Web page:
The Morrises weren’t the only Americans told at the last minute that their adoption of a Russian child would be denied. Another 30 or so U.S. families were in the same process when Vladimir Putin signed the Dima Yakovlev law. Despite Moscow’s adoption ban, these couples are still trying to help the children who would have joined their homes. Together they’ve formed an organization called “Parents United,” where they collect money and try to lobby U.S. officials and public groups to campaign against Russia’s law, or at least push Moscow to allow them to complete the adoptions that were already in progress by December 2012.
Parents United has written letters to Vladimir Putin, Barack Obama, and Donald Trump. In December 2013, for example, the Morrises and other families asked Putin to let them complete their adoptions as a “Christmas miracle.” “We met beautiful Russian children whom your government chose for us many months ago. We fell in love with these children. We held them in our arms and they conquered our hearts. We feel paternal love for them, we dream about hugging them again, and celebrating the New Year together. As a parent yourself, you know the joy and depth of fatherly love,” said the American parents’ letter to Putin.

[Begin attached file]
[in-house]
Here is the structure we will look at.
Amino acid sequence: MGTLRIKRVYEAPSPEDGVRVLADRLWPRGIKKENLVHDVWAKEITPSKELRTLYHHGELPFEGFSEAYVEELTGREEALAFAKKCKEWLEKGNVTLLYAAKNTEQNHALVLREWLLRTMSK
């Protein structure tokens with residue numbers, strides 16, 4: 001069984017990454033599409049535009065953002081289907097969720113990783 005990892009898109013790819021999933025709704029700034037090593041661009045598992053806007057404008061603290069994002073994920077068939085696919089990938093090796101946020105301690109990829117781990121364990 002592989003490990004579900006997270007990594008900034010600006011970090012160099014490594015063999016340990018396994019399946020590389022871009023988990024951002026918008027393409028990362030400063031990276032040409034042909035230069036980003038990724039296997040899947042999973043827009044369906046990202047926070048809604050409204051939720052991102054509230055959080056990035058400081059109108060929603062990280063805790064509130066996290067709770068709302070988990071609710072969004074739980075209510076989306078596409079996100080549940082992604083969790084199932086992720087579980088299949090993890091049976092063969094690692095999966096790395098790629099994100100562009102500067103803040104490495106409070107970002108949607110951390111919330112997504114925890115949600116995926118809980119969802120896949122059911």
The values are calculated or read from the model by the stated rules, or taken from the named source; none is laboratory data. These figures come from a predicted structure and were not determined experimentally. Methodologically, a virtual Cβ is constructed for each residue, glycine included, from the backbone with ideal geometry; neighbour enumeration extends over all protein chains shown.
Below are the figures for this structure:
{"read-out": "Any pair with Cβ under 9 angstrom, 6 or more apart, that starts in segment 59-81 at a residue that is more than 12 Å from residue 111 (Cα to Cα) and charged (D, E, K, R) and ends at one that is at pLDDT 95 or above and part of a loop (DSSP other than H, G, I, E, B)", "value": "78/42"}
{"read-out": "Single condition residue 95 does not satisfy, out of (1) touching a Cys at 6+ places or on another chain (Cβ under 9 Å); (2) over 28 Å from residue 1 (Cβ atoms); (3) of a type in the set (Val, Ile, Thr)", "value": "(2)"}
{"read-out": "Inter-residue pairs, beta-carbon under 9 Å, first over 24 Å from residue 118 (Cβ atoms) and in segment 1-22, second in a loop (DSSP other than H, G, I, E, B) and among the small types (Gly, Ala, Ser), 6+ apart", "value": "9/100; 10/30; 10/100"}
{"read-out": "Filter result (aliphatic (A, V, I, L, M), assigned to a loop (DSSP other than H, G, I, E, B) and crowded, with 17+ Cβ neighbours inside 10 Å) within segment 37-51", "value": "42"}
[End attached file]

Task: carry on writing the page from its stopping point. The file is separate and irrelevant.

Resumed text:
They never got a response.
Parents United sued Russia in the European Court of Human Rights — and they won. In January 2017, the court ruled that Russia’s legal system violated their right to due process when it simply suspended all adoption cases involving Americans in December 2012. The ECHR, however, lacks the authority to restart the adoptions.
“We were awarded about $3,000. But it’s not money I need. What I want is for Lera to find a home and a family,” says Katrina.